Human Rights in Eastern Civilisations
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Human Rights in Eastern Civilisations

Some Reflections of a Former UN Special Rapporteur

Surya P. Subedi

Based on the author's first-hand experience as a UN Special Rapporteur, this thought-provoking and original book examines the values of Eastern civilisations and their contribution to the development of the UN Human Rights agenda. Rejecting the argument based on “Asian Values” that is often used to undermine the universality of human rights, the book argues that secularism, personal liberty and universalism are at the heart of both Hindu and Buddhist traditions.
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Conclusions

Surya P. Subedi

Abstract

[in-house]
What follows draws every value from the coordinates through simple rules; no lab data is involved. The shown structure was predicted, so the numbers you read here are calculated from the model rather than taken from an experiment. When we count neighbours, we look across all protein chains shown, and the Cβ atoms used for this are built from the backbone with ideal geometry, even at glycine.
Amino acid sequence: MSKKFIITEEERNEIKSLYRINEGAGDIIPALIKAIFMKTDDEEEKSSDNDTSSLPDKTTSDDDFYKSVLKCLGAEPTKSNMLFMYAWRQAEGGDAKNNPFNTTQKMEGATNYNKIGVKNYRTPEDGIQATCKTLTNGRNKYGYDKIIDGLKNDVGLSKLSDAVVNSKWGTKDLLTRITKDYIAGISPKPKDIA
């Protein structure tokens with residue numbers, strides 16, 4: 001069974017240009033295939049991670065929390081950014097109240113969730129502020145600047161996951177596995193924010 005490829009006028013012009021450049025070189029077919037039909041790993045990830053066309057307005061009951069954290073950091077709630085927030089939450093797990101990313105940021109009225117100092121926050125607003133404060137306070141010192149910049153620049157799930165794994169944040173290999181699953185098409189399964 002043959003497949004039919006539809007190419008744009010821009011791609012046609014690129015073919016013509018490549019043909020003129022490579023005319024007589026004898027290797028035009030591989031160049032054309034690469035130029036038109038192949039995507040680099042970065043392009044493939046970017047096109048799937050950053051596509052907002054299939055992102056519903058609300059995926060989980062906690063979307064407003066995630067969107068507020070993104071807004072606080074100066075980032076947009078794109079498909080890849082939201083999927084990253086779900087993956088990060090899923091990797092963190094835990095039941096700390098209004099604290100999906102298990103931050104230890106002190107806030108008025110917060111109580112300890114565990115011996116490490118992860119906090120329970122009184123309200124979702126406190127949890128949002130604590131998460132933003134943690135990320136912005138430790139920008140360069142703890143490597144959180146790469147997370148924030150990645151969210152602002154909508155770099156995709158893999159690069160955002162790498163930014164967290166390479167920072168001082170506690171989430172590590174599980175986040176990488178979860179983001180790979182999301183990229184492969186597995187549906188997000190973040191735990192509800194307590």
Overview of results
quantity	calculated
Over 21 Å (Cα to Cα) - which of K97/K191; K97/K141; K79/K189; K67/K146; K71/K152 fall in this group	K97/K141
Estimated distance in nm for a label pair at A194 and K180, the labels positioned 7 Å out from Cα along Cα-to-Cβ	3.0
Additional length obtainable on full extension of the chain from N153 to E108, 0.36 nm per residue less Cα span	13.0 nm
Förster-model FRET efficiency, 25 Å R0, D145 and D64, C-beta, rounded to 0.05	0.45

Regardless of who the major authors of the Universal Declaration of Human Rights were, this global human rights instrument represents the values deeply entrenched also in Hinduism and Buddhism. Therefore, the claim that human rights are the values of the West alone ignores the origins of human rights. Likewise, the relativism or the “Asian values” argument advanced by the autocratic or semi-autocratic leaders of Asia has no basis in the cultural, moral, and philosophical foundations of the Asian countries. The assertions that Asia is different, and that Asians put the rights of the state before their personal rights does not accord with Buddhism or Hinduism. The values inherent in both Hinduism and Buddhism have had a profound direct and indirect impact on the thought process of those thinkers and philosophers around the globe, who had a universal outlook to the world and were willing to learn and be inspired by the values prevailing in societies beyond their own. It is this process that contributed to the adoption of the modern agenda of human rights and the Universal Declaration of Human Rights.

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